Back in issue 55, you may remember our interview with Sojo Publishing Mouse, the children’s publishing house. Well now we’ve reunited with the ‘mouse’ half of the team, Helen Goodbarton, to talk all about her drama group Sprouts. Why? Because this month Sprouts turns 10, and that’s a pretty big deal.
Sprouts provide after school drama classes for children aged 4 to 13. These run during term time, and are split up into three age groups: Sprouts (4-8), Sprouting Up (8-11), and Sprouted! (11-13).
I met up for a chat with Helen over a cup of tea to find out what’s been happening over the past decade. Helen, who is the ‘Head Gardener’ at Sprouts, trained as an actor at the Guildford School of Acting, and began working within the area of children’s theatre after her graduation. It was her job with a young children’s drama company in London that originally planted the seed for Sprouts.
“I started doing classes with this company and suddenly had confidence in what I was doing. It felt really easy and enjoyable,” says Helen. “But I didn’t like living in London. Whenever I came back here and talked to my friends they’d say I would light up talking about work.” They then encouraged her to move back to Nottingham and do something like that here.
“So I thought, right, I’m gonna do it then!” beams Helen. “I’m gonna start a company in Beeston and create these classes the way I like them.” From there, she cherry-picked aspects of the London company which she thought worked, but developed her own ethos for Sprouts which is all about firing up children’s imagination through drama.
“We try and teach them that they don’t have to have a right answer. They’re allowed an opinion or an idea. It’s about the process not the product. It’s not a ‘can you do X, Y, Z by the end of term’ it’s ‘are you enjoying it?’” Sprouts classes involve playing games, going on storytelling adventures, developing stories, dancing, and sharing end of term shows in front of parents. The children develop social skills, teamwork, confidence, co-ordination, but most importantly not being afraid to be themselves.
It’s nice to know there are kids out there that you’re helping in a non-traditional kind of way to become their own little person
Helen moved back here in January 2008 and her first class was on April 4 of that year. Her original name for the company was ‘Treesprouts’ which a friend reacted to by exclaiming ‘Sprouts!’ which then stuck. “I didn’t want anything that had ‘drama’ or ‘theatre’ in the title because I think that gives people a pre-conceived idea of what you’re doing,” says Helen. “You just have to want to have fun with your imagination and be a bit silly!”
She also attended a few business courses where they asked the inevitable ‘where do you see yourself in 1/5/10 years?’ question. “I remember thinking 10 years? I just want to make a term of classes and for people to come. The idea to still be going in 10 years at that point in time was crazy,” says Helen.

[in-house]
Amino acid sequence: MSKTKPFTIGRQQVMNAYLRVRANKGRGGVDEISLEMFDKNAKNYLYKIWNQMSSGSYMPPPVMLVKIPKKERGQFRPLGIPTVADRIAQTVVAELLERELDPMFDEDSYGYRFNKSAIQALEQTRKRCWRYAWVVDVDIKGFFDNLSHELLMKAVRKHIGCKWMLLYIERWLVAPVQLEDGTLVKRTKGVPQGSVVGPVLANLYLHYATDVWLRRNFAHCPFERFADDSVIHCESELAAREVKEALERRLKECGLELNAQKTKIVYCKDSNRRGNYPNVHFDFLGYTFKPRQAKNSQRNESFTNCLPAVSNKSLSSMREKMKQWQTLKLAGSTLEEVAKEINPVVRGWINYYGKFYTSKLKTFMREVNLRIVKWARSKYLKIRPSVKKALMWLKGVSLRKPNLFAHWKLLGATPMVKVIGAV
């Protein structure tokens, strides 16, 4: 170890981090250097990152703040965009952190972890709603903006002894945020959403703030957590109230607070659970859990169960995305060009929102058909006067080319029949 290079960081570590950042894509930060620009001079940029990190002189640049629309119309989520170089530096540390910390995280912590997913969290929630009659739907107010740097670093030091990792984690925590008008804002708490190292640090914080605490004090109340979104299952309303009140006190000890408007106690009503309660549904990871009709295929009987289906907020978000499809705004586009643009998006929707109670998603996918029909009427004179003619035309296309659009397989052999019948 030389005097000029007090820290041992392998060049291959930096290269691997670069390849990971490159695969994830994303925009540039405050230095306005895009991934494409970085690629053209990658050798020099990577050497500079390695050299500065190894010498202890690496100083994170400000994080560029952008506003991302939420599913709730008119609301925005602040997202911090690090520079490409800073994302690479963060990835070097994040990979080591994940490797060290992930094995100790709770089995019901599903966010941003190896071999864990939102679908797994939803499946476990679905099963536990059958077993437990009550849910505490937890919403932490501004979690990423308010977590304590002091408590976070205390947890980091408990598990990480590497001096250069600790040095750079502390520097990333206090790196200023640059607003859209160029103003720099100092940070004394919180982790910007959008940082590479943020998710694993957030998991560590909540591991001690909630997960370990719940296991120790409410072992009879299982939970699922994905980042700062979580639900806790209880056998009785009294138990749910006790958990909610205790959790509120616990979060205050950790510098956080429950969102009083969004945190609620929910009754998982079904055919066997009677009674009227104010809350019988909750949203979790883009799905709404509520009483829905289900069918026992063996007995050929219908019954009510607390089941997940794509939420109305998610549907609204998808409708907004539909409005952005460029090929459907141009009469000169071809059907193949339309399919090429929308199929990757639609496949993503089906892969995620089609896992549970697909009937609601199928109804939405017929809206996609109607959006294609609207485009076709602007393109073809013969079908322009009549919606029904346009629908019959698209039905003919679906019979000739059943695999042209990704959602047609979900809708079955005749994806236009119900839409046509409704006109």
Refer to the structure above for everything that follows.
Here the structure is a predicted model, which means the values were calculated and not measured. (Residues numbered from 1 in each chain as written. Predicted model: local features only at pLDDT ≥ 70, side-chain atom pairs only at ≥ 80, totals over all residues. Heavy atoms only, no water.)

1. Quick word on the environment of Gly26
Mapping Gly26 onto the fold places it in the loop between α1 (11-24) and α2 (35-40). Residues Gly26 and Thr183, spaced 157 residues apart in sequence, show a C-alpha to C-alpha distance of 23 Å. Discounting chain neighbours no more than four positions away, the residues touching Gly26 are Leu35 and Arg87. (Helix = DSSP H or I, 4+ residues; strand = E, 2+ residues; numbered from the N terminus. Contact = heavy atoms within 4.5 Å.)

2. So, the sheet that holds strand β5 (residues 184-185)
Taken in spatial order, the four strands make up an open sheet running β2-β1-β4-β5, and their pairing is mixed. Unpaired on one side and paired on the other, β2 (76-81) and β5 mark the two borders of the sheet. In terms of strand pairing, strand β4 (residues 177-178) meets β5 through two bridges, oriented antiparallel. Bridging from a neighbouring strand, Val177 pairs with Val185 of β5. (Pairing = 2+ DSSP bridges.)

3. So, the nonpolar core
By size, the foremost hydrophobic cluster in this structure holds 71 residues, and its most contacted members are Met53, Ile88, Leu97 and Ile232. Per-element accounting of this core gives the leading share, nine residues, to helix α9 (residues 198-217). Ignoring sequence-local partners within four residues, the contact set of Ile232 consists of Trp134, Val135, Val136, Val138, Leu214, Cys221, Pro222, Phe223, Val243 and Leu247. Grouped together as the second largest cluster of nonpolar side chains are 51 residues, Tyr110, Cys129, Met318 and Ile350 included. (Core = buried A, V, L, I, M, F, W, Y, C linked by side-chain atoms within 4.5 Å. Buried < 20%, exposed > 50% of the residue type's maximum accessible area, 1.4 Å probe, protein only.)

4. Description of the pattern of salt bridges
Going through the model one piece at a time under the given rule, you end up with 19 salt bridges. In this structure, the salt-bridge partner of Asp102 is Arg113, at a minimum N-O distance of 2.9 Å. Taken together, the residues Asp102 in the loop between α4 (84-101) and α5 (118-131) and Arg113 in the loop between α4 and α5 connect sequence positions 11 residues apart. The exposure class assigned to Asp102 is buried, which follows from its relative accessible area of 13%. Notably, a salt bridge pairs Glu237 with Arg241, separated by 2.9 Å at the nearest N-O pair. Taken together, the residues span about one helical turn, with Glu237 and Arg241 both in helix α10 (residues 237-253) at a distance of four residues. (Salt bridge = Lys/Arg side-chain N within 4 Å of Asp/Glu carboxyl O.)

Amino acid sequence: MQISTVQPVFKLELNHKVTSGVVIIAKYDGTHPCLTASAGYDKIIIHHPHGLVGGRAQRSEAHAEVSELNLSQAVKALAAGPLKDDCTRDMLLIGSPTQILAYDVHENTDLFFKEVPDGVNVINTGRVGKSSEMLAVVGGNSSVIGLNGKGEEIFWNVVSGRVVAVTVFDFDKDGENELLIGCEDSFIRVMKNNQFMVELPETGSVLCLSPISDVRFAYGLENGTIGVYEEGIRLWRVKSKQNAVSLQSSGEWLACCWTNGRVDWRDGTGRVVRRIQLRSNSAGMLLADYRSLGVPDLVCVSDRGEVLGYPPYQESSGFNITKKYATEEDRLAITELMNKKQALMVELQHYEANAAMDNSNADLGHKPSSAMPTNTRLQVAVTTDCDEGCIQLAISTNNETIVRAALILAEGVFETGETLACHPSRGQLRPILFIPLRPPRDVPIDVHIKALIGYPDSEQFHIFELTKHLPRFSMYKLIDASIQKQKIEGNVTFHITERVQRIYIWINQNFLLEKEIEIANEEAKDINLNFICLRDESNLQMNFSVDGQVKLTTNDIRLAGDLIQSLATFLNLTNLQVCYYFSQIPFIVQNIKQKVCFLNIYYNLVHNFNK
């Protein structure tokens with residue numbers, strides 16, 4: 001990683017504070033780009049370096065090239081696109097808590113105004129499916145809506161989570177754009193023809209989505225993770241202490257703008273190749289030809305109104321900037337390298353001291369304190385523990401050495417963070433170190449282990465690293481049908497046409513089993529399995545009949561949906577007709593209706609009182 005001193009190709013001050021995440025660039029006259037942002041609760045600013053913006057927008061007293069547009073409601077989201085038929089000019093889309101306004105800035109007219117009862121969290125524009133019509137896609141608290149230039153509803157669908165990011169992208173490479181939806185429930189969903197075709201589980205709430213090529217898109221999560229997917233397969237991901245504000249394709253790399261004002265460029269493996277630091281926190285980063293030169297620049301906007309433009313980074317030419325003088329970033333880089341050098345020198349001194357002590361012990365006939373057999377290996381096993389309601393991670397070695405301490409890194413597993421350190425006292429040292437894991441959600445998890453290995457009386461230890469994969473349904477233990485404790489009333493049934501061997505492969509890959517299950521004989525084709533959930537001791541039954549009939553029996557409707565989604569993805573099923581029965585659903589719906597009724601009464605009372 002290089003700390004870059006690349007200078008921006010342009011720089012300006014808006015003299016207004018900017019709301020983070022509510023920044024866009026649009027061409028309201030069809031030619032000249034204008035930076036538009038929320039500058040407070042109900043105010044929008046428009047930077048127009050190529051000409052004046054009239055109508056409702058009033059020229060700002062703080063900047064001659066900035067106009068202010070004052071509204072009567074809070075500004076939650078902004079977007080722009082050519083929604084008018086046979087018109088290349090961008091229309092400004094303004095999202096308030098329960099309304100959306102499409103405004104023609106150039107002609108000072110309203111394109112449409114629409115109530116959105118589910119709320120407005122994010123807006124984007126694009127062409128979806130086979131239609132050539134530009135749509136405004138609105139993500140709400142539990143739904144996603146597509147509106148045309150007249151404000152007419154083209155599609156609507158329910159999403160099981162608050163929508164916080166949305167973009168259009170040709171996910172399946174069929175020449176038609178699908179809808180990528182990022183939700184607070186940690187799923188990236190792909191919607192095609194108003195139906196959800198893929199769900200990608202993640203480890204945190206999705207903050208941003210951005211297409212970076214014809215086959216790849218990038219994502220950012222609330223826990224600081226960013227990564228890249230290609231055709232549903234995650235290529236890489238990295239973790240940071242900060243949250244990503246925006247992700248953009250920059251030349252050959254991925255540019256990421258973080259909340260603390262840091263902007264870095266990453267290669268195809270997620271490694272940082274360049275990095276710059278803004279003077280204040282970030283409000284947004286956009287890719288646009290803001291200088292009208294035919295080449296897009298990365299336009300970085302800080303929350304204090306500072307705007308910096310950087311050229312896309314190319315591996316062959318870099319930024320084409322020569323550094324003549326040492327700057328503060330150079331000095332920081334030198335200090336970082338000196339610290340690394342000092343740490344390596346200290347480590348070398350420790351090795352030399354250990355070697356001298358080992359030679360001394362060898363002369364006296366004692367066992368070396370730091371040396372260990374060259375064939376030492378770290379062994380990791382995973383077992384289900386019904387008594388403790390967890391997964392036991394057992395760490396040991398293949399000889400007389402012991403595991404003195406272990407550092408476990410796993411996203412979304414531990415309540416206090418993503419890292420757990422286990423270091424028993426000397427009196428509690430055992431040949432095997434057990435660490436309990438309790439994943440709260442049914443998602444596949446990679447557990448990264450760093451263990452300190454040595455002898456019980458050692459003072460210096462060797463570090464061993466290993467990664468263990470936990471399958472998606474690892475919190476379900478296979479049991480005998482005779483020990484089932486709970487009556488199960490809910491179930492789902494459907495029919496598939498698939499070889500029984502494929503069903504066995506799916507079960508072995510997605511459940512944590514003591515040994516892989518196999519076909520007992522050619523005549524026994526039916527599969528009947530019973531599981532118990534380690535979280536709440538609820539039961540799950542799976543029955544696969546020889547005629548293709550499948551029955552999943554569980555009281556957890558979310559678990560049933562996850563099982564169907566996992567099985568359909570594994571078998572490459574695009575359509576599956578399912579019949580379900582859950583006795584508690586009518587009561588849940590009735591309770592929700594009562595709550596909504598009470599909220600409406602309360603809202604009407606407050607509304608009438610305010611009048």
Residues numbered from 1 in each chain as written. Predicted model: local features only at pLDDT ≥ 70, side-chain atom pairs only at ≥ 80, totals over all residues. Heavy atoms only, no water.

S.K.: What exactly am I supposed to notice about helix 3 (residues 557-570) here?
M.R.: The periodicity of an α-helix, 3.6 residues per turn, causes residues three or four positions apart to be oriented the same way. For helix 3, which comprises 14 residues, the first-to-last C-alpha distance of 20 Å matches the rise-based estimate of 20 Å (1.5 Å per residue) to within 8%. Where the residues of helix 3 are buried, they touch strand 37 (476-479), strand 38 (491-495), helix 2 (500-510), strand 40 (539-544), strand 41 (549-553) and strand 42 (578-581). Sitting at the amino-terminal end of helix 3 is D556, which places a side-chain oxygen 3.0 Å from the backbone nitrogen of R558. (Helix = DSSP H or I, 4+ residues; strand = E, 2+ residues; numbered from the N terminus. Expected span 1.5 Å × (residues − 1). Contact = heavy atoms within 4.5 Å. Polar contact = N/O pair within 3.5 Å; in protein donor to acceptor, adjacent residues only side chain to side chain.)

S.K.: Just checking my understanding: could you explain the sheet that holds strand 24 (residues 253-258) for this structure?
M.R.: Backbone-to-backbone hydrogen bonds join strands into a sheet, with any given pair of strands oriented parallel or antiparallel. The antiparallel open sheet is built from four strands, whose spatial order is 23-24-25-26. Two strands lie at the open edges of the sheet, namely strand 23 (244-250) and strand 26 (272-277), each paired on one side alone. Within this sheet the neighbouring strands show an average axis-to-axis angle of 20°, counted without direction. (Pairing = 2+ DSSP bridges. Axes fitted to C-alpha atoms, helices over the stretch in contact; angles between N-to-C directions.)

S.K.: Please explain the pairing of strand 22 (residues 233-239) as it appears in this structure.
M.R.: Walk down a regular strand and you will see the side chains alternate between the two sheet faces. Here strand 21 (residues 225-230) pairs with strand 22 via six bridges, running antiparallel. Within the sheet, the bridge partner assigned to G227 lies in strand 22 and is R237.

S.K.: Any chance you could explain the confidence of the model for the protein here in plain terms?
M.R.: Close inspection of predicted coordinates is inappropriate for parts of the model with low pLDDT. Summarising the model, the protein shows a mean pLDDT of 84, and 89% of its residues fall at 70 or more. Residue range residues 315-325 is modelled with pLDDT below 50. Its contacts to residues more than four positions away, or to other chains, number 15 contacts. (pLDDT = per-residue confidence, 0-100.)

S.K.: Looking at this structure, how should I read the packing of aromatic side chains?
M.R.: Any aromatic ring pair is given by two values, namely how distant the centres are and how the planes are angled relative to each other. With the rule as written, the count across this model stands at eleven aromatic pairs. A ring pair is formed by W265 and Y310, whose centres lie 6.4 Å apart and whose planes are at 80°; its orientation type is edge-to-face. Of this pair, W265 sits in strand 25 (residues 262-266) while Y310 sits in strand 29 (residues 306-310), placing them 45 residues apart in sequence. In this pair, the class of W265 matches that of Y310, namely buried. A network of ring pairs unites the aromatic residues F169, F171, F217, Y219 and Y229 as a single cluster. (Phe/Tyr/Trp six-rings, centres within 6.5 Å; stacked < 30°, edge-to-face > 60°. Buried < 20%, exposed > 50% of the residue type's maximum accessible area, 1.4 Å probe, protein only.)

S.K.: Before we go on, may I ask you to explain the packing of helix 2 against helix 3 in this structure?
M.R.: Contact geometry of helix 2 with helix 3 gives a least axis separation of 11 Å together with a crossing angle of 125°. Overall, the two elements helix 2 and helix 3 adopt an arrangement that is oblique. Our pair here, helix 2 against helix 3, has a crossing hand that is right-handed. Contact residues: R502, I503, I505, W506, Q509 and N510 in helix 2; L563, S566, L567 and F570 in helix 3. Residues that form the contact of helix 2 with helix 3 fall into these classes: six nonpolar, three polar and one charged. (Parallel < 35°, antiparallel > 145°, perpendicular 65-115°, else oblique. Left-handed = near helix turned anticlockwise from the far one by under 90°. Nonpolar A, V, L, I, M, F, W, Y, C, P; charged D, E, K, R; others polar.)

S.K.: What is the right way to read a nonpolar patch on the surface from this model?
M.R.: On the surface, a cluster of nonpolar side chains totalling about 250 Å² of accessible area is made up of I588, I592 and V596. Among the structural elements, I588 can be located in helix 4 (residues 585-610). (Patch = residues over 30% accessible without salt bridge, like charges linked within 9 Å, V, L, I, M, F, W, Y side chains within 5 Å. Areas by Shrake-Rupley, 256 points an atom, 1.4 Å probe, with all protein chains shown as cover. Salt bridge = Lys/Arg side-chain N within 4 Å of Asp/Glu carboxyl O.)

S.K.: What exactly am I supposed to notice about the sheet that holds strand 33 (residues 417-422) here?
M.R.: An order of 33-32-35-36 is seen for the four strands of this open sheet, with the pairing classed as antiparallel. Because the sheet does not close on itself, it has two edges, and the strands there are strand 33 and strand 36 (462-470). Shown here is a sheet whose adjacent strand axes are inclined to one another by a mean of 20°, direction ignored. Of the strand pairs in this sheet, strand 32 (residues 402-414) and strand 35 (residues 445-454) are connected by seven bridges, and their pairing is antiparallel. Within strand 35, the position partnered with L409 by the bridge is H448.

Since starting the company, some children have continued right the way through all of the classes, and are still with her now. One boy, Charlie, who Helen calls her ‘Original Sprout’ was the first child to sign up for her classes when it began, and he’s now volunteering for her. “I started that little man out on his journey,” says Helen. “It’s lovely to see that he’s doing what he’s doing because of our classes. It’s nice to know there are kids out there that you’re helping in a non-traditional kind of way to become their own little person.”
Helen has also been able to employ a number of people over the years to give various classes around Nottingham, some of whom have been with her right from day one. “It’s rewarding to be able to give other people the opportunity and be able to pay them to do a job that they love,” she says.
I ask Helen what the most rewarding aspect of Sprouts has been: “It’s the little things, emails from parents telling you that it’s the highlight of their week or telling you that you’re the threat if their kid doesn’t behave then they can’t come to Sprouts.” And of course, Sprouts became the catalyst for Helen writing her book The Glowing Snowman.
So, after a decade, what comes next for Sprouts? “It would be nice to be able to take more of a back seat for my sanity,” she says. “Maybe I’ve got as much out of it as I can. But I don’t want [Sprouts] to lose its verve and its zizz. I would like Sprouts to still exist in another five years’ time, in whatever form. People say ‘aren’t you so proud of it?’ and I say, ‘it’s just what I do.’ I grow with it, and it’s probably quite a big tree now!”